And we’ll go together to pick wild berries

Wild blueberries near our house.

Dear secret reader,

Pssst. I know a place where we can find blueberries.  Fat, ripe, wild blueberries so thick on the bush that you can grab handfuls at a time. But first you have to hold up your right hand and solemnly swear on your neighbor’s blueberry pie that you will never reveal the location. No matter who asks or how they tempt or torture you, this secret must die with you. Really? Really.

You’ll need buckets. Gallon plastic containers with handles, the kind you can buy filled with ice cream at the super market, are perfect. Bring a few, just in case we get really lucky.

Proper berry picking gear -- boots and buckets.

Dark thunder clouds are gathering at the mountains. It’s sunny now, but there will be a downpour later, and then more sun. So wear your rubber boots and bring your rain gear. Grab the mosquito repellent, a few snacks for the kids and the dogs, and a bottle of water.

We’ll drive a little ways, and then we’ll hike a little ways. We might see some grouse or ptarmigan. An owl might perch in a spruce branch over your head. We’ll probably see bear or moose tracks in the muddy trail. And eventually we’ll find ourselves at the edge of alpine tundra, where the spruce and birch forest gives way to Labrador tea bushes, lichen covered rocks, and knee-high berry bushes.

The lowbush cranberries aren’t ripe yet, so don’t pick them. And the blackish crow berries are edible, but not very good, so let’s leave those behind. Here — these are the ones you want. You see? The fat, sweet-tart blueberries.

Nearly ripe lowbush cranberries.

When you first start dropping them into the bucket, they’ll make a loud “plunk,” but then, as your bucket fills, they will land silently on the heap of other berries. Your bucket will get heavy, and you’ll become completely absorbed in your task. You’ll skip over the skimpier bushes, the berries that are small or oddly shaped. You know what you want now. That luscious dark blue hanging heavily from the branch.

Tonight we’ll spread the berries on cookie sheets and put them in the chest freezer. Once they’re firm, we’ll transfer them into gallon plastic bags and put them back in the freezer.

When you climb, tired and content, into bed tonight, you’ll close  your eyes and see the tundra, the bushes, one berry after another dropped into the bucket as you drift off to sleep.

Come early winter, when you’re yearning for those sunshiny days on the tundra when the cinquefoil and saxifrage bloomed in the marsh and the owl flew off into the trees, you and I together will make some blueberry jam or a whipped-cream topped pie, and we’ll pretend it’s August again.

But for now, lose yourself in the bushes. Fill your bucket, handful after handful.

Cheers!

Eowyn

P.S. Thanks to Mr. Baer and Chickaloon Jenny! 🙂

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14 Comments (+add yours?)

  1. Mr. Baer
    Aug 15, 2011 @ 10:44:46

    An excellent blueberry story. I can taste and smell the alpine tundra as I read it. I felt like I was there. This is a story, as you say, to come back to in the darker days of winter to relive a wonderful time.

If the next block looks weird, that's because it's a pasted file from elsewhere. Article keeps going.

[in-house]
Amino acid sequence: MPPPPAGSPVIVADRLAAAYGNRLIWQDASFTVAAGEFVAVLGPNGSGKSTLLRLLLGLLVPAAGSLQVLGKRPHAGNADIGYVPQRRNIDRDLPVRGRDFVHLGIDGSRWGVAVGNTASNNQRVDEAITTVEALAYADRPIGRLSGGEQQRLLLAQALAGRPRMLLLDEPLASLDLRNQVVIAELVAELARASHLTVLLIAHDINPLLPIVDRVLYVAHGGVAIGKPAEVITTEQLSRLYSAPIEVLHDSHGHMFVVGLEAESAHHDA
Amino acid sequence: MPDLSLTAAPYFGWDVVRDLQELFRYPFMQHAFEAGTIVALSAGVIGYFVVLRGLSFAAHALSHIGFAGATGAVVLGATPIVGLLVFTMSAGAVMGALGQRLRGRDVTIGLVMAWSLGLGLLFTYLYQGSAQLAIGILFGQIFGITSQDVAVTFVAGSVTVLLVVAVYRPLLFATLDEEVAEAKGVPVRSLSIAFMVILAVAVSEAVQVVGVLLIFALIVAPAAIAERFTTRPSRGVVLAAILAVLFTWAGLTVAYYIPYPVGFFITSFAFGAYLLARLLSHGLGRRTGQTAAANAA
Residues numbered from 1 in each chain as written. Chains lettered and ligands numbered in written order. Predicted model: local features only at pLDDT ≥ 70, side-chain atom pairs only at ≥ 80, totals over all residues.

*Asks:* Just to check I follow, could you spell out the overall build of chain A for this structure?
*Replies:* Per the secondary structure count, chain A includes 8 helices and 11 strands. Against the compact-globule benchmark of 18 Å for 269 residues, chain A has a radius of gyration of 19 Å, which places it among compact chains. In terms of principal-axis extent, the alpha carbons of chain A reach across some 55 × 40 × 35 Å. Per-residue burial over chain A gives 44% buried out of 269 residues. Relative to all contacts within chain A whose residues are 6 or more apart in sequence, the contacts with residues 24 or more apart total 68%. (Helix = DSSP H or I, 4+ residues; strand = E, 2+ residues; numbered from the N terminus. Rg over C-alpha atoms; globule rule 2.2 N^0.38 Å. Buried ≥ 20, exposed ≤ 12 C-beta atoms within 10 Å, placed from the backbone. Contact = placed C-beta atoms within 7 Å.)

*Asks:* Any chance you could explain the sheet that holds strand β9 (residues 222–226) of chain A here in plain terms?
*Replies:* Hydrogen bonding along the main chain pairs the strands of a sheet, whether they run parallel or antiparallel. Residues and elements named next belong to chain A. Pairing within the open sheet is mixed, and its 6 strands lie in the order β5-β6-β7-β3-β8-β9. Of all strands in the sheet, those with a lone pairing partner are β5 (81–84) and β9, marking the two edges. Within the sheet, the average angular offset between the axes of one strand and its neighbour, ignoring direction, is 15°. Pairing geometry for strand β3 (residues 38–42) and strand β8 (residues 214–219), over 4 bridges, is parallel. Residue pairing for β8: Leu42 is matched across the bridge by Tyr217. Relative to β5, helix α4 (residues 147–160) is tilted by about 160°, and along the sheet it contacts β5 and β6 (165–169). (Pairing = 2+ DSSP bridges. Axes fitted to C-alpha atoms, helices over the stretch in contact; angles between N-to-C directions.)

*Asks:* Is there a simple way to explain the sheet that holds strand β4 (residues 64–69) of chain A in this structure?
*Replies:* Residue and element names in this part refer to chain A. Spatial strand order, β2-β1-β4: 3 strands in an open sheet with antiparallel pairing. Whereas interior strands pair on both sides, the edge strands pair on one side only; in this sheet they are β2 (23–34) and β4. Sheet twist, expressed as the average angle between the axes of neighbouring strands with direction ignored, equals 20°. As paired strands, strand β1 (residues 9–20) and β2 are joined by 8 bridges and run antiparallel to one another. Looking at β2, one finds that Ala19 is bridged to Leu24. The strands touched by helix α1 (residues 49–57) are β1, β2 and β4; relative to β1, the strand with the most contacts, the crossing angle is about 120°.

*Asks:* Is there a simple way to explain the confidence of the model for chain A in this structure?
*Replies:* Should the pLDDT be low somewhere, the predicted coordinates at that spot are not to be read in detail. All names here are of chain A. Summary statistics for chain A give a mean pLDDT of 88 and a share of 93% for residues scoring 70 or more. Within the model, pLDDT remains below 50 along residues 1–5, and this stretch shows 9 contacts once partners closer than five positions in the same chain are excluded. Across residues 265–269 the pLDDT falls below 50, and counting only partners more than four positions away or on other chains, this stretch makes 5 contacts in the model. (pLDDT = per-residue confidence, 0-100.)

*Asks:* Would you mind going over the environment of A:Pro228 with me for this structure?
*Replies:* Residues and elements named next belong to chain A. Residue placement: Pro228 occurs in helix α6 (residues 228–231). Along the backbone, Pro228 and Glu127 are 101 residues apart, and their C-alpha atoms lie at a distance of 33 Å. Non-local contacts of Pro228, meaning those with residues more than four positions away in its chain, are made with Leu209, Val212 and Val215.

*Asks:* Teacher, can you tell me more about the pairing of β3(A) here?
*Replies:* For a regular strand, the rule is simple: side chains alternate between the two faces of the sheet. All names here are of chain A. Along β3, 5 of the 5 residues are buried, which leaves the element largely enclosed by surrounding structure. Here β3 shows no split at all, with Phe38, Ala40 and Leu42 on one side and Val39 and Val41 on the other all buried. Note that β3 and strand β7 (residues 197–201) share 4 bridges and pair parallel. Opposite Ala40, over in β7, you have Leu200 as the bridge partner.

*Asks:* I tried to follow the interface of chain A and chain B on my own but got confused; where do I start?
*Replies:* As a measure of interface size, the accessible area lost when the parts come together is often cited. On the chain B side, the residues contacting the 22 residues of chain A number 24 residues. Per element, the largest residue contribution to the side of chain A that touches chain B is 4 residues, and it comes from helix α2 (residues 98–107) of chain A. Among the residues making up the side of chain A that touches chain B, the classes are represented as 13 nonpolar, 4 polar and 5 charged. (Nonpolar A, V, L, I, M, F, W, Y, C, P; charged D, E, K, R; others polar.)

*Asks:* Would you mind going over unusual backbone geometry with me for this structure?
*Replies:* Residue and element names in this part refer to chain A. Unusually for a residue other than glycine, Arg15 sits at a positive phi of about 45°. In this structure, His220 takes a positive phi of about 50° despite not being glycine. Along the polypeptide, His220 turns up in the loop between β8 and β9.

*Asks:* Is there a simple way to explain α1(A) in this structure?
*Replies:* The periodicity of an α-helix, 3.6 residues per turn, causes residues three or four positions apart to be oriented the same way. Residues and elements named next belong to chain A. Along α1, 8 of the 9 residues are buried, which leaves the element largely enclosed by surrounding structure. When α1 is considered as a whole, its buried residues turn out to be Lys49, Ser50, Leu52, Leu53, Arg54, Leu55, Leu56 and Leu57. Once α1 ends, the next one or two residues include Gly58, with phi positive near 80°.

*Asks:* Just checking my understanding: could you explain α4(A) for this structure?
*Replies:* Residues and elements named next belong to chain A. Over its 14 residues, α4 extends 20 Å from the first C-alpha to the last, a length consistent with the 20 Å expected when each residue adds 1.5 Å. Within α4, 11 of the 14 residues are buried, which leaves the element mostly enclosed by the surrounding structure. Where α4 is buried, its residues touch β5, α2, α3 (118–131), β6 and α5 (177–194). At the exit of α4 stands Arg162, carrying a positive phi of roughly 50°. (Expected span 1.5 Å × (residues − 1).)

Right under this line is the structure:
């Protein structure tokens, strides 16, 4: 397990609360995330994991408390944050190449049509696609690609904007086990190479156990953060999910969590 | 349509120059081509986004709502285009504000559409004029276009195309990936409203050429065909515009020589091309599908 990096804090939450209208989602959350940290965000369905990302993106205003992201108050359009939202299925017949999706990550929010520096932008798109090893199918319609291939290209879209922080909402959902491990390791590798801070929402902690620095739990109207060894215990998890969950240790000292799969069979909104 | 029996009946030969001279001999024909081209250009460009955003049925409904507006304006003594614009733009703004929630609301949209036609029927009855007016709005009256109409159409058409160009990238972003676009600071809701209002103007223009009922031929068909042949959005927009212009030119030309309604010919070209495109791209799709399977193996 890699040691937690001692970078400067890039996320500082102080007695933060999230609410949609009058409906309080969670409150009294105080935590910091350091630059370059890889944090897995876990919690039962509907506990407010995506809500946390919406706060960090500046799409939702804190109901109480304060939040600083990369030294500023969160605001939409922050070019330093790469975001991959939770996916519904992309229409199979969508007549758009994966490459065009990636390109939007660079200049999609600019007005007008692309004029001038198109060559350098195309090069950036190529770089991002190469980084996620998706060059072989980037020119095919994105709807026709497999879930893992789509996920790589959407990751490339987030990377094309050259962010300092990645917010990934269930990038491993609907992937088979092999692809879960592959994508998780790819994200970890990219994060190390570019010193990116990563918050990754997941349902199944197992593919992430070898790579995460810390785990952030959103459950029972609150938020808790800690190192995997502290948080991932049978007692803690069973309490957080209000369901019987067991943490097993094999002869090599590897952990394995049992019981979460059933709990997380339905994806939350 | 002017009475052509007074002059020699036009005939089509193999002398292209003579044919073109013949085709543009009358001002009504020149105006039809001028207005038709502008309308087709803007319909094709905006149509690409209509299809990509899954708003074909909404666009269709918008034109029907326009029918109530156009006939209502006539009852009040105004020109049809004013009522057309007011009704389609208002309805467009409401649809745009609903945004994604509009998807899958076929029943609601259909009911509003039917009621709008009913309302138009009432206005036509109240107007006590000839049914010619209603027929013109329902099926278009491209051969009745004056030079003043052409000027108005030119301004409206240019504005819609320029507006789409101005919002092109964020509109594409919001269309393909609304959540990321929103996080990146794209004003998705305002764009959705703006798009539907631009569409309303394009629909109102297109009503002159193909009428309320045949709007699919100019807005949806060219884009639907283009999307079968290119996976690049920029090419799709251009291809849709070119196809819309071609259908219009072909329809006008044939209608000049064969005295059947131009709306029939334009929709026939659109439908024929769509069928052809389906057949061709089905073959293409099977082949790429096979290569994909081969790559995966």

• Eowyn Ivey
      Aug 16, 2011 @ 17:36:59

      So you felt like you were there … very funny 🙂 And yes A Baer, those are some mighty fine rubber boots your father’s wearing. The gluten free blue/raspberry thing actually wouldn’t sound appetizing, except I know it must be good if Mr. Baer made it.

  2. Yaya
    Aug 15, 2011 @ 13:07:12

    Those blueberries look delicious! When I was young in Pennsylvania (long, long time ago), my Uncle Seth had those secret blackberry places that he shared. We picked buckets of them to make jelly, jam and blackberry pies. Delicious but with seeds. That is the advantage of blueberries. Save a few for our next visit.

    • Eowyn Ivey
      Aug 16, 2011 @ 17:37:42

      I love blackberries. We picked them when we were going to school in Washington State. I’ll definitely save some blueberries for you and Papa!

  3. Nathan Dunbar
    Aug 15, 2011 @ 20:33:52

    Again, your gift for imagery is quite refreshing. Now I want fresh blueberries. REALLY BADLY. 😉

  4. Nana
    Aug 16, 2011 @ 04:38:51

    *holding up my right hand and clearing my throath* “Hem.. I Nana, solemnly swear on ‘your’ neighbor’s blueberry pie that I will never reveal the location.”
    WOOAooW.. So so so jealous of this post! This looks/reads like a dream to me.. You wrote it in such a way that truly feels like being there with you…I want to be in Alaska!!
    PS. Don’t forget to bring the ‘whipped-cream topped pie’ when you come over here on The Snow Child signing tour 😉 xx

  5. A Baer
    Aug 16, 2011 @ 05:36:06

    That’s a nice photograph of Craig with the Blueberries there. He made this pretty awesome gluten free blue/raspberry thing that you should get the recipe for. It has my stamp of approval.

  6. Sue Mathis
    Aug 16, 2011 @ 15:40:34

    I was never one for berry picking, but you make it sound like heaven!

  7. Mr. Baer
    Aug 18, 2011 @ 15:59:10

    Yes, I was trying to be a bit funny on my comment, but I also want you to know that I think it is a beautifully written story.

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